Yang Jiechang


Yang Jiechang was born in Foshan, Guangdong, China in 1956. Yang Jiechang's oeuvre consists of a variety of artistic media: painting, collage, installation, site-specific works, performance and sculpture. Painting, for him, is a way of contemplation, not a means of representation. He was trained in the techniques of paper mounting, calligraphy and traditional Chinese painting at Foshan Folk Art Institute and the Fine Arts Academy Guangzhou (1978 -1982), where he taught until 1988. Living in Paris and Heidelberg (Germany) since 1989, he participated in numerous exhibitions around the globe. He started his artistic career in Europe with the exhibition “Magiciens de la terre” (Centre Pompidou, Paris) in 1989 where he participated as one of the three Chinese artists invited by Jean-Hubert Martin. Other exhibitions include Paris Pour Escale (Musée d’art Moderne de la Ville de Paris, 2000), Zone of Urgency—Venice Biennial 2003, the Lyon Biennial 2009.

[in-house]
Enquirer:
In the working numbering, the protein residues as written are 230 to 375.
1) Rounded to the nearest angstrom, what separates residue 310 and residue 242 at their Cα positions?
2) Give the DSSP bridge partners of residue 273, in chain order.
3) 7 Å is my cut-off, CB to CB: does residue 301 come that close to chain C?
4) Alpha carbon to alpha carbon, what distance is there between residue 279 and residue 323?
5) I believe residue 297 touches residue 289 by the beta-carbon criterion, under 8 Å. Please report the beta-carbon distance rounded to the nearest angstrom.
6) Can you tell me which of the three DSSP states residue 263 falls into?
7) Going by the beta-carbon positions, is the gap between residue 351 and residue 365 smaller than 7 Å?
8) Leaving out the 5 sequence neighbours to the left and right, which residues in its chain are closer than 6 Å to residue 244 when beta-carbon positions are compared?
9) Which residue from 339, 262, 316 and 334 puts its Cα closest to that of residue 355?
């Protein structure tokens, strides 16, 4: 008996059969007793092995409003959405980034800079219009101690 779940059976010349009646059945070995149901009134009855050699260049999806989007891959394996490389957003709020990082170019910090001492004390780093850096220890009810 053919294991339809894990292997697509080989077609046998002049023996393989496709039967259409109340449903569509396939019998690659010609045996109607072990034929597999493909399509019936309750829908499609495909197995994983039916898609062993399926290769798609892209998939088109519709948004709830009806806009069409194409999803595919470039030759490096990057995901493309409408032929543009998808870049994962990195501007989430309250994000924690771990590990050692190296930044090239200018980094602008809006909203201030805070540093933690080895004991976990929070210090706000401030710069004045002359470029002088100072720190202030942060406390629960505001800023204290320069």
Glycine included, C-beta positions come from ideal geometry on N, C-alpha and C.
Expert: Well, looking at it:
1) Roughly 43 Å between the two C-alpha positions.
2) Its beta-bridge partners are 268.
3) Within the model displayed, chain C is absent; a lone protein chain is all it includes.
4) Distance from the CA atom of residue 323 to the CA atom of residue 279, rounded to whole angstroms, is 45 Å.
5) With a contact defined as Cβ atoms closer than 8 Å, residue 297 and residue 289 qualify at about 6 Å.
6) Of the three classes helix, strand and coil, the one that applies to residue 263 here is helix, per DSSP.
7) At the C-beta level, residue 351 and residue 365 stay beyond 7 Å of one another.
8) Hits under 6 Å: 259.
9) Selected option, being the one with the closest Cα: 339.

In Yang’s works Chinese tradition and contemporary art form a stirring coalition, and how to implant Chinese traditional painting, aesthetics and thought into a contemporary context is one of his main concerns. Daoist thought, post-structuralist deconstructive strategies and an iconoclast attitude, which Yang has kept from his times as a Red Guard, are important means to attempt this integration. Yang Jiechang is known for his monochrome black large inks, entitled “Hundred Layers of Ink” (1988 to today), for which he applies in a meditative gesture uncountable layers of ink on one surface.




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